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Documentation during neonatal resuscitation: a systematic review
  1. Alejandro Avila-Alvarez1,
  2. Peter Graham Davis2,3,
  3. Camille Omar Farouk Kamlin2,3,
  4. Marta Thio2,3,4,5
  1. 1 Department of Neonatology, Complexo Hospitalario Universitario A Coruna, A Coruña, Spain
  2. 2 Newborn Research Centre and Neonatal Services, The Royal Women's Hospital, Melbourne, Victoria, Australia
  3. 3 Department of Obstetrics and Gynecology, The University of Melbourne, Melbourne, Victoria, Australia
  4. 4 Pediatric Infant Perinatal Emergency Retrieval – Neonatal Retrieval Services, The Royal Children's Hospital, Melbourne, Victoria, Australia
  5. 5 Murdoch Children's Research Institute, Melbourne, Victoria, Australia
  1. Correspondence to Dr Alejandro Avila-Alvarez, Department of Neonatology, Complexo Hospitalario Universitario A Coruna, 15006 A Coruña, Spain; alejandro.avila.neonatologia{at}gmail.com

Abstract

Objective Accurate documentation in healthcare is necessary for ethical, legal, research and quality improvement purposes. In this review, we aimed to evaluate the accuracy of methods of documentation of delivery room resuscitations.

Methods A systematic literature search in MEDLINE was conducted to identify original studies that reported the quality of documentation records during newborn resuscitation in the delivery room. Data extracted from the studies included population characteristics, methodology, documentation protocols, use of gold standard and main results (initial assessment of heart rate and peripheral oxygen saturation, respiratory support and supplementary oxygen).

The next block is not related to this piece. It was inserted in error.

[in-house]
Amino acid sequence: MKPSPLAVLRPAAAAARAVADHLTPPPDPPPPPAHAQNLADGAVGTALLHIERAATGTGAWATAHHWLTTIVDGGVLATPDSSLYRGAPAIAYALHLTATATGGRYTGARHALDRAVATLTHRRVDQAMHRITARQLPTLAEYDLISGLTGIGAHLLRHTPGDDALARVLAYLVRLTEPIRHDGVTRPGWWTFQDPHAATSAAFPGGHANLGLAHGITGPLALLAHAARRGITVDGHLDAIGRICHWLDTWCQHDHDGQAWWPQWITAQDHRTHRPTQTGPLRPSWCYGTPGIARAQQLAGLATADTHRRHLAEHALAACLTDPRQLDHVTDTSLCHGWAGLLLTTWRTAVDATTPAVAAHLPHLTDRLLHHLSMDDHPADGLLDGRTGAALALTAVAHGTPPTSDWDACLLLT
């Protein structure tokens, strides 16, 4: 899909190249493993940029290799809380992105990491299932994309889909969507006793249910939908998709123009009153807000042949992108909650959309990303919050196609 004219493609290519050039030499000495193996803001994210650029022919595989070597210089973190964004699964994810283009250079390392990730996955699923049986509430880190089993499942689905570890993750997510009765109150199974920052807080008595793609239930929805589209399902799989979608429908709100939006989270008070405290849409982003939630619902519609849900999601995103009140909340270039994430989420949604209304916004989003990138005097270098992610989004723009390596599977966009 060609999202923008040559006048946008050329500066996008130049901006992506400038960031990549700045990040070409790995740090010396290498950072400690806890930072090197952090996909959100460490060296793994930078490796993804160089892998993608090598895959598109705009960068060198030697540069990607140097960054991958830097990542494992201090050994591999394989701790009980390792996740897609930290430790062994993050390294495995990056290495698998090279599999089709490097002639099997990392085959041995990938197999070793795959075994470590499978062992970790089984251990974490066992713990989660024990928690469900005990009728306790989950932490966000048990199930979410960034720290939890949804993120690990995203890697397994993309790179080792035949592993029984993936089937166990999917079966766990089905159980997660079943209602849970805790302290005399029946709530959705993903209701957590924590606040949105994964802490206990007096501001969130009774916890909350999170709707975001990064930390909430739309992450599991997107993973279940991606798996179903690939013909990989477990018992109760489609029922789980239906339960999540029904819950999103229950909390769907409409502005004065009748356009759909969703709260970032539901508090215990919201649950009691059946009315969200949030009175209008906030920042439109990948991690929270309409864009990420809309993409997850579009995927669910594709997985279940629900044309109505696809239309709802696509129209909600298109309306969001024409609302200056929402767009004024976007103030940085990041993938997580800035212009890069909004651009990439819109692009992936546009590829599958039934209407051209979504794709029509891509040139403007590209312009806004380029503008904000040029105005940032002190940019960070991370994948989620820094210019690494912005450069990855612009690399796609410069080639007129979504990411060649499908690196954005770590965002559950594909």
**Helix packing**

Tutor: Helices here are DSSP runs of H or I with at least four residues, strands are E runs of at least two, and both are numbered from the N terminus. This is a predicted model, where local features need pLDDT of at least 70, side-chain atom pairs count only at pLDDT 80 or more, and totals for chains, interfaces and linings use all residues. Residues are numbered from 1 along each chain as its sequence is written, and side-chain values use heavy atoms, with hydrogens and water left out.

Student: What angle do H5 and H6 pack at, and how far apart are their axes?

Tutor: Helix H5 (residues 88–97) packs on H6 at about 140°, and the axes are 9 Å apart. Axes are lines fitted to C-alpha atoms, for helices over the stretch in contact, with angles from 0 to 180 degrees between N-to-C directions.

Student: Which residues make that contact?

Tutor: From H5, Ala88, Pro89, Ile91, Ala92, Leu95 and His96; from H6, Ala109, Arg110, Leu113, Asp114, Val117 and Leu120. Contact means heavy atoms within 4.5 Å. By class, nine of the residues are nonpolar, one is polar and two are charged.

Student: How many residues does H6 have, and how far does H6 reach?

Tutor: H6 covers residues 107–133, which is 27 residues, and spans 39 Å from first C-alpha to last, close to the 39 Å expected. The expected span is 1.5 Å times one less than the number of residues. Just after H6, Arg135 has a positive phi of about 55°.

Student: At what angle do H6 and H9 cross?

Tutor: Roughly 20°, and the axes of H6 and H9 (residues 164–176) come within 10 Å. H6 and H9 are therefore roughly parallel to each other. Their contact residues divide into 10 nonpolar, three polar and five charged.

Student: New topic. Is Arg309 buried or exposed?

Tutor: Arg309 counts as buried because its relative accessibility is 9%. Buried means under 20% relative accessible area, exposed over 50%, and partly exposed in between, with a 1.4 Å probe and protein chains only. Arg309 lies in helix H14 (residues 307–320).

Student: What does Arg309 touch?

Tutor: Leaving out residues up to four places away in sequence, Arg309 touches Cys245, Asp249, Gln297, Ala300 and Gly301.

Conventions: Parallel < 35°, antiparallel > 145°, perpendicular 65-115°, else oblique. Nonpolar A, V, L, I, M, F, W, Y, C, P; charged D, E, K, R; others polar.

Results In total, 197 records were screened after initial database search, of which seven studies met the inclusion criteria and were finally included in this review. Four studies were chart reviews and three studies compared conventional documentation methods with video recording. Only one study tested an intervention to improve documentation. Documentation was often inaccurate and important resuscitation events and interventions were poorly recorded. Lack of uniformity among studies preclude pooled analysis, but it seems that complex or advanced procedures were more accurately reported than basic interventions.

Conclusions There is little literature regarding accuracy of documentation during neonatal resuscitation, but current quality of documentation seems to be unsatisfactory. There is a need for consensus guidelines and innovative solutions in newborn resuscitation documentation.

  • neonatology
  • resuscitation
  • data collection

Data availability statement

Data sharing not applicable as no datasets generated and/or analysed for this study. All data relevant to the study are included in the article or uploaded as supplementary information. No unpublished data are available for this study.

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Data availability statement

Data sharing not applicable as no datasets generated and/or analysed for this study. All data relevant to the study are included in the article or uploaded as supplementary information. No unpublished data are available for this study.

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Footnotes

  • Twitter @AlexAvila81

  • Contributors AA-A and MT conceived the systematic review. The protocol was created by AA-A, MT and PGD. Searches were performed by AA-A. All search results were reviewed by AA-A and MT. The first draft of the manuscript was written by AA-A. MT, PGD and COFK edited and reviewed the manuscript, making important intellectual contributions. Final version was approved by AA-A, MT, PGD and COFK.

  • Funding This work was supported by NHMRC Practitioner Fellowship (PGD), NHMRC Centre of Research Excellence in Newborn Medicine (PGD, MT), NHMRC Programme Grant Improving Neonatal Outcomes (PGD, MT, COFK) and Spanish Neonatal Society (SENeo) grants for training stays in national and international neonatal units 2019–2020 (AA-A).

  • Competing interests None declared.

  • Provenance and peer review Not commissioned; externally peer reviewed.

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